|It's amazing how every once in a while a completely Niche Market will be catered to in a Major Hollywood motion picture, and even less often it will be a hit. Somehow director Alexander Payne has managed to get both to happen and attract Oscar's interests as well! His screenplay (with Jim Taylor) adaptation of Louis Begley's novel of the same name makes for one of the most frightening films ever made, but only for one small market out there... aging suburban male sycophants with growing daughters, and a complete misunderstanding of the world around them. It's a specialized group to be sure, but it's nice to be catered to every once in a while... not every movie needs to be Terminator 3: Rise of the Machines. What does disturb me about this tale is that many moviegoers out there will see this as a comedy. Make no mistake, the writers have carefully chosen the scariest things that can happen to a person and have put them into one movie that is in 125 minutes more frightening a Jack Nicholson vehicle than The Shining, Mars Attacks!, and Wolf all put together. I should know, I am an aging suburban male sycophant with a growing daughter!
About Schmidt is an appropriate title to be sure, as this movie really is all about Warren R. Schmidt, a retired insurance adjuster whose career doesn't amount to a "gosh damn thing" (I watched this on a plane, can you tell?)! His real life is getting used to the next chapter in his life, and adjusting, uncomfortably to the next chapter in his daughter's life... unfortunately, she's marrying a complete loser that Warren doesn't approve of. And who would? It's Dermot Mulroney with a bad mullet, a creepy job and a pyramid scheme that "isn't really a pyramid scheme!" that he brings up at inappropriate times. His daughter Jeannie (Hope Davis) loves the guy, and can't see any flaws in him. But Schmidt could, and so could I! As if this wasn't creepy enough as it is, certain revelations in Schmidt's life, add more weight to his relationship with his daughter than to any other part of his life, and her life, and her mediocre choices trap Schmidt in a web from which escape is nigh impossible!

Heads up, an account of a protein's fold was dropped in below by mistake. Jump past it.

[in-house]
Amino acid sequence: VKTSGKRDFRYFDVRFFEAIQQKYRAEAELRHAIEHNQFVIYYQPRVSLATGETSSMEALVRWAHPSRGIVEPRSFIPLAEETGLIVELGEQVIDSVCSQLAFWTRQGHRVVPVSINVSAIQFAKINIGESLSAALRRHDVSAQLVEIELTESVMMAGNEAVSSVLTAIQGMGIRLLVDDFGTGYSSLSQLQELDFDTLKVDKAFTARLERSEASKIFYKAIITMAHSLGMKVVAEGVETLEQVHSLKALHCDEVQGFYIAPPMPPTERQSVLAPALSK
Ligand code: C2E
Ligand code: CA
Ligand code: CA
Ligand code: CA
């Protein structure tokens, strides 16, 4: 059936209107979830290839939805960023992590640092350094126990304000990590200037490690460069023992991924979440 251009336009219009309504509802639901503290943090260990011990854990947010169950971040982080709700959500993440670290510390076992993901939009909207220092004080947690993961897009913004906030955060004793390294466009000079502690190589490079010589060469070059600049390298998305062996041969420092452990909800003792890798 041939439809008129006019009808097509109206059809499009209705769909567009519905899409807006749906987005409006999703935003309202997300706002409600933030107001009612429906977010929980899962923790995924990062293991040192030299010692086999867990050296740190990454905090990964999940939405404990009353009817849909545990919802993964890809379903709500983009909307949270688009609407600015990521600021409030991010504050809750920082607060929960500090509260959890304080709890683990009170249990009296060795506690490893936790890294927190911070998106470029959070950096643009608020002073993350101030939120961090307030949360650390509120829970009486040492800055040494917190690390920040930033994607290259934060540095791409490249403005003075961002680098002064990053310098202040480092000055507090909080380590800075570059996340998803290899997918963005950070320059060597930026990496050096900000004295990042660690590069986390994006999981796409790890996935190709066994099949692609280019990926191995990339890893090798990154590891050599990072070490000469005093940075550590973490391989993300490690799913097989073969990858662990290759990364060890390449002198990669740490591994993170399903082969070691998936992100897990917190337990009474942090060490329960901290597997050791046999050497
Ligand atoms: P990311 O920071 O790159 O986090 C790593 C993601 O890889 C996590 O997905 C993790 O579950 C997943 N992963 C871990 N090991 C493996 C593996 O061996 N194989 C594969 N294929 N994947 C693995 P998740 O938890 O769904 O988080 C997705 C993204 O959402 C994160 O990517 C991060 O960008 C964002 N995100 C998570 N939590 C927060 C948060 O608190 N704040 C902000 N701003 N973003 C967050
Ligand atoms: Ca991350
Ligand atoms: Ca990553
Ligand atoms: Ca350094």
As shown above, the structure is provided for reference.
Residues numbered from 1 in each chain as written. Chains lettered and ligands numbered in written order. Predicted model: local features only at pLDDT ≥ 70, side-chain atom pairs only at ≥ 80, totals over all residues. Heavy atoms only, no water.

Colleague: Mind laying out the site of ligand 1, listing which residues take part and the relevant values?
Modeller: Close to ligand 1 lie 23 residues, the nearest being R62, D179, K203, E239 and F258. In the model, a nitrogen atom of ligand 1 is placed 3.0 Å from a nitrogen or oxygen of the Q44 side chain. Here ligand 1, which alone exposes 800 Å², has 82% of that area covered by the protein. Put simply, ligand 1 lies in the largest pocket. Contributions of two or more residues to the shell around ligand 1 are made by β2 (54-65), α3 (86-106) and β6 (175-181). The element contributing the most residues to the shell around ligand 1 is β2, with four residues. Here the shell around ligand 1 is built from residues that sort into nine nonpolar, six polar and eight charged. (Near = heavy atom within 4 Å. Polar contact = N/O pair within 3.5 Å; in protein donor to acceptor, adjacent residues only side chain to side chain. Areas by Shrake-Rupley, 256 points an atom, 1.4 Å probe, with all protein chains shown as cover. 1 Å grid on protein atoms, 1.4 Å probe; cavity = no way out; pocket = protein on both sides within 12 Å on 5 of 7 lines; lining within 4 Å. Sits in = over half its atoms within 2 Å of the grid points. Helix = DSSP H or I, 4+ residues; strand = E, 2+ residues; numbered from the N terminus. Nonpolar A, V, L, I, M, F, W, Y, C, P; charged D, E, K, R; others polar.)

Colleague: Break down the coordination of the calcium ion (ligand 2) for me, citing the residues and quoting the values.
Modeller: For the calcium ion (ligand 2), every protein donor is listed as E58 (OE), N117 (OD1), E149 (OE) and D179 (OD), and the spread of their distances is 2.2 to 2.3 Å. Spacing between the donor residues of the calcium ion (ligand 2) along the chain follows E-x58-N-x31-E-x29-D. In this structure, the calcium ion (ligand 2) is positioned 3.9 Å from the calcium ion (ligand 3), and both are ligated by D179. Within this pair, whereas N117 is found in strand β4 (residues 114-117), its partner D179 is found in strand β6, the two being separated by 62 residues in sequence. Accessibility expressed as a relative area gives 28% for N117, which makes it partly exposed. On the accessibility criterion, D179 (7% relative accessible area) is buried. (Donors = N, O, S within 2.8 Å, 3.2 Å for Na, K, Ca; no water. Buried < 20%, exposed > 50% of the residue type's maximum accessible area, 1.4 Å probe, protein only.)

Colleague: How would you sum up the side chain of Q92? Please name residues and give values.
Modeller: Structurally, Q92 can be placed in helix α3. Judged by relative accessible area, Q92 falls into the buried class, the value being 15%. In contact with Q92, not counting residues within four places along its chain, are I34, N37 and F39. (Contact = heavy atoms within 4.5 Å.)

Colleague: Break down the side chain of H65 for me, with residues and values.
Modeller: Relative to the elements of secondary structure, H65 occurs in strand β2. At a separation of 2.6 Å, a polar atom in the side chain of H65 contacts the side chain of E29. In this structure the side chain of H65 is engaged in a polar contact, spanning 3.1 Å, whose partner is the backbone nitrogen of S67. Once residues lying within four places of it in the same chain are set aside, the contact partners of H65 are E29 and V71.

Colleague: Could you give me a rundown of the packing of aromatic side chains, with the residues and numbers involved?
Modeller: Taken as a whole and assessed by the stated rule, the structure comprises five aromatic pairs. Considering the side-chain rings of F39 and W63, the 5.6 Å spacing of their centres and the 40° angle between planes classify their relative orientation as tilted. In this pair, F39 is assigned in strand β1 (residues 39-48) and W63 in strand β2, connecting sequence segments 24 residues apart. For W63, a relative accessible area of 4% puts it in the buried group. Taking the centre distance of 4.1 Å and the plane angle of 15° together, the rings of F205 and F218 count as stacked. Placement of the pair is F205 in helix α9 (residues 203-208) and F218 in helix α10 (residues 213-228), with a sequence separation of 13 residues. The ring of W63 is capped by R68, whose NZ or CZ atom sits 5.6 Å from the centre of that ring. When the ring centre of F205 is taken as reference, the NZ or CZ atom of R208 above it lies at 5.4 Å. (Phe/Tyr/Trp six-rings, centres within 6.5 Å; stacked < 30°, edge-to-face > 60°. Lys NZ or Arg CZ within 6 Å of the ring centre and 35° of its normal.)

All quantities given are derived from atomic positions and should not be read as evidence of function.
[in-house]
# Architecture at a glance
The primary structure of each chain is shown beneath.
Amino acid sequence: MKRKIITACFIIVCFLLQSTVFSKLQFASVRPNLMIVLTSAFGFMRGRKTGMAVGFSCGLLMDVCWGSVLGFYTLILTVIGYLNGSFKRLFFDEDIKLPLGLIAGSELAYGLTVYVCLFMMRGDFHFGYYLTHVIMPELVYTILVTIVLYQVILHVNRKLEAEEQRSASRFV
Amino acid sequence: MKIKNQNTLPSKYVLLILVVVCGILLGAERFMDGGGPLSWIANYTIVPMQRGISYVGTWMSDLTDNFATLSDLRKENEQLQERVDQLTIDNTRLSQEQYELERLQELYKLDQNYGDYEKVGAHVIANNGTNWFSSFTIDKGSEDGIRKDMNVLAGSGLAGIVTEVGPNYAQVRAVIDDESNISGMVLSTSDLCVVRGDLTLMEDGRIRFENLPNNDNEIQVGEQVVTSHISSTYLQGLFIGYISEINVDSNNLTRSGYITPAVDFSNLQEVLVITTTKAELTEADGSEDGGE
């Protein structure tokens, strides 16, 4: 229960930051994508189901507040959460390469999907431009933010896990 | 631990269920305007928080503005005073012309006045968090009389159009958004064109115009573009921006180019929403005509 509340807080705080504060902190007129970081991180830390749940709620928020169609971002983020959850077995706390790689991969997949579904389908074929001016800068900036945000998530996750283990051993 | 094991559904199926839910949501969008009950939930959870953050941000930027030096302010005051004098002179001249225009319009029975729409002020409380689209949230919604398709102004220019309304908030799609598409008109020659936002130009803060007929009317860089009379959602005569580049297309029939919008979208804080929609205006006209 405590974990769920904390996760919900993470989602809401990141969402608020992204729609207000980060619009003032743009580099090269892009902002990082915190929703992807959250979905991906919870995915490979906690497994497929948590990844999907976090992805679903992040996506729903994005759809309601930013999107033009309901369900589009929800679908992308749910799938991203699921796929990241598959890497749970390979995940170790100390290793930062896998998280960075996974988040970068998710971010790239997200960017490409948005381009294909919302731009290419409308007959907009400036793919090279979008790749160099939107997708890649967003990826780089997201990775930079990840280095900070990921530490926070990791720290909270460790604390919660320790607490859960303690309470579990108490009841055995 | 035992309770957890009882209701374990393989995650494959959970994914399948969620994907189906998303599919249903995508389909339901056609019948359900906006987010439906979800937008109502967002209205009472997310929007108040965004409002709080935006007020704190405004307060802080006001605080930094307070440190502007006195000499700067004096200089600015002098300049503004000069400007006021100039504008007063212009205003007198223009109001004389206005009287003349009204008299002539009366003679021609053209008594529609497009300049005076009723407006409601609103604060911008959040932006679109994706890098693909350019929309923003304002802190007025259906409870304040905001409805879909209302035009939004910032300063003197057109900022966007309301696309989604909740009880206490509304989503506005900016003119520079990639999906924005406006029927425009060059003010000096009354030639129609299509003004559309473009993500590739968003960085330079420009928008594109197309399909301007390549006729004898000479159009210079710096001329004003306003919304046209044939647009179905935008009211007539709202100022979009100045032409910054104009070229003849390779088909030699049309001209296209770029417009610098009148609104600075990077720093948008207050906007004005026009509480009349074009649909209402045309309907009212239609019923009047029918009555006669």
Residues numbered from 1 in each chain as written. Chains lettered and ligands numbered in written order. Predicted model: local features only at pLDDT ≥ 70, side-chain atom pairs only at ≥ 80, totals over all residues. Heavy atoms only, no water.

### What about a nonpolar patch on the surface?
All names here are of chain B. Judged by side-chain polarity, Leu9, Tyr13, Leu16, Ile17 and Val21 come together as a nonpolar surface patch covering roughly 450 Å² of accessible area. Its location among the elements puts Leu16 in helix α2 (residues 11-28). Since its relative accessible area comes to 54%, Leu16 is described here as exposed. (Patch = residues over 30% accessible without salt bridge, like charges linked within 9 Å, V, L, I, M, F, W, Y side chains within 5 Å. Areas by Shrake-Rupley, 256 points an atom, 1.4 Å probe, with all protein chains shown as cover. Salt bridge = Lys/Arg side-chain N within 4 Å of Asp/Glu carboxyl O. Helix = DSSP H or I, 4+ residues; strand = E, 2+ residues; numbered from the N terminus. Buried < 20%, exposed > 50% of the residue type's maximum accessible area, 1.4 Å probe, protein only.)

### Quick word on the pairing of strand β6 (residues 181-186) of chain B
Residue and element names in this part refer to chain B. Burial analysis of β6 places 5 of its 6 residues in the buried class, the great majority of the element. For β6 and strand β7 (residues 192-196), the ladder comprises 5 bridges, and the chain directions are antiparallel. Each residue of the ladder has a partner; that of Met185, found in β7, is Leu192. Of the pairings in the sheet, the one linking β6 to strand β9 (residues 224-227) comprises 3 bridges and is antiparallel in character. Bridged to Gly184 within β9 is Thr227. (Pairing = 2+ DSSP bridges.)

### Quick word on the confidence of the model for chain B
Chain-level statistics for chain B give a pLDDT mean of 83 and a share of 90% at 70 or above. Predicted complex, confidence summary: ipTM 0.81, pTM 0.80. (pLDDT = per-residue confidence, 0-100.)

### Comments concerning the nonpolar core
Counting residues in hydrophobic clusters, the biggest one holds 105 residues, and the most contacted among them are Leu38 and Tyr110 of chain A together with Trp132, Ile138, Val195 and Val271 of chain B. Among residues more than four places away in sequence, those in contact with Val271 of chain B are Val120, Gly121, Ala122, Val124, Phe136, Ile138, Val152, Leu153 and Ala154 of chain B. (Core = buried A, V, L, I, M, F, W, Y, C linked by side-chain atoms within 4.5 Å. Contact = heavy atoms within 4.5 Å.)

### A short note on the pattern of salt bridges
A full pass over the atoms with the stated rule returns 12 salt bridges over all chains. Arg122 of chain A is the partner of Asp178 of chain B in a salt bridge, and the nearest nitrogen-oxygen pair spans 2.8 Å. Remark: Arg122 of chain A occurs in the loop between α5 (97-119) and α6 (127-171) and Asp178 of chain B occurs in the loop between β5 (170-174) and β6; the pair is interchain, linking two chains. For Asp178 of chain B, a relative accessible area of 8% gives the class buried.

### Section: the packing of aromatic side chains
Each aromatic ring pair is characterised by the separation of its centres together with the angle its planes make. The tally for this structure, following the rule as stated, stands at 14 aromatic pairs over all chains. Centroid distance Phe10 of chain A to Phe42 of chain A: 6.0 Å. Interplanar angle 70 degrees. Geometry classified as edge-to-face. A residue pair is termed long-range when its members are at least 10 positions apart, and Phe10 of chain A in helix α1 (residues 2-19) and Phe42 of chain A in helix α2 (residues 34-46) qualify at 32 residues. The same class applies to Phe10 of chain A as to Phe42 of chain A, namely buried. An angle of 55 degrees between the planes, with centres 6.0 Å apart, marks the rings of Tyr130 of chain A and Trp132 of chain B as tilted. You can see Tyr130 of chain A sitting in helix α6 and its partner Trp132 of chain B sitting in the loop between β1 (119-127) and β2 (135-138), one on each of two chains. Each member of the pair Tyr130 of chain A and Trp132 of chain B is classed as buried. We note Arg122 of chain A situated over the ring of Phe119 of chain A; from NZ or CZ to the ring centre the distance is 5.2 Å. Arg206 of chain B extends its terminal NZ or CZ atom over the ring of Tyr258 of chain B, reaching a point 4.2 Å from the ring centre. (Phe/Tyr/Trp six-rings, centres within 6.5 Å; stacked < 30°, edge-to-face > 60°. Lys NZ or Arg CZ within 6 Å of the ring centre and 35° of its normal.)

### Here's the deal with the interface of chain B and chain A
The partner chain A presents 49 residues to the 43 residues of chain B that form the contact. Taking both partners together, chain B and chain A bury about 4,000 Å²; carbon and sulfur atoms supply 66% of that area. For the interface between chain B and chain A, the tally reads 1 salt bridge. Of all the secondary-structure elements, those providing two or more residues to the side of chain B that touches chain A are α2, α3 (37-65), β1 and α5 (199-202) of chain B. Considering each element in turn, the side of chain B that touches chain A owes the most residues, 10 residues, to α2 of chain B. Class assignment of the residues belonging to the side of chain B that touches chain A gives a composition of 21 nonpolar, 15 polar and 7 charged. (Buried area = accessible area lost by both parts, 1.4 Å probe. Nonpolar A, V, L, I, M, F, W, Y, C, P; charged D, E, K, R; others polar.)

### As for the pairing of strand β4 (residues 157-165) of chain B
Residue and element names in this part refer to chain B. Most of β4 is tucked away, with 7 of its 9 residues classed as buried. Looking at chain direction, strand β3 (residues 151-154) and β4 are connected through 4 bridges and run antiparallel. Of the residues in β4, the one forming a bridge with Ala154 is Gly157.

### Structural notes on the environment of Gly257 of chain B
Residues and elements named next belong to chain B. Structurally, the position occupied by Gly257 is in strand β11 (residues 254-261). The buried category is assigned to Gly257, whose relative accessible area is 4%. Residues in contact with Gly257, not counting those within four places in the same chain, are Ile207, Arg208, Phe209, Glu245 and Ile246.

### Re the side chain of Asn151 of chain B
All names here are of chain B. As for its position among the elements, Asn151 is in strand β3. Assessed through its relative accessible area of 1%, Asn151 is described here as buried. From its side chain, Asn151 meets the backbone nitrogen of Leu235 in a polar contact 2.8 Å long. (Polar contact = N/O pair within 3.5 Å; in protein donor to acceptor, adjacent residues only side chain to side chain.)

Schmidt maintains his sanity (barely) through correspondence with Ndugu, a sponsored child in the vein of those Sally Struthers commercials. It's Schmidt's letters to Ndugu that narrate the film in both a spooky and an uncomfortably humorous way. His one way (for the most part) relationship with Ndugu is both touching and detached, and is deceptively perhaps the most important aspect of the film, holding the key to Schmidt's purpose in life. It's easy to forget that Ndugu is a real human being, instead of simply the object of Schmidt's soliloquy! Ndugu is more important than he seems.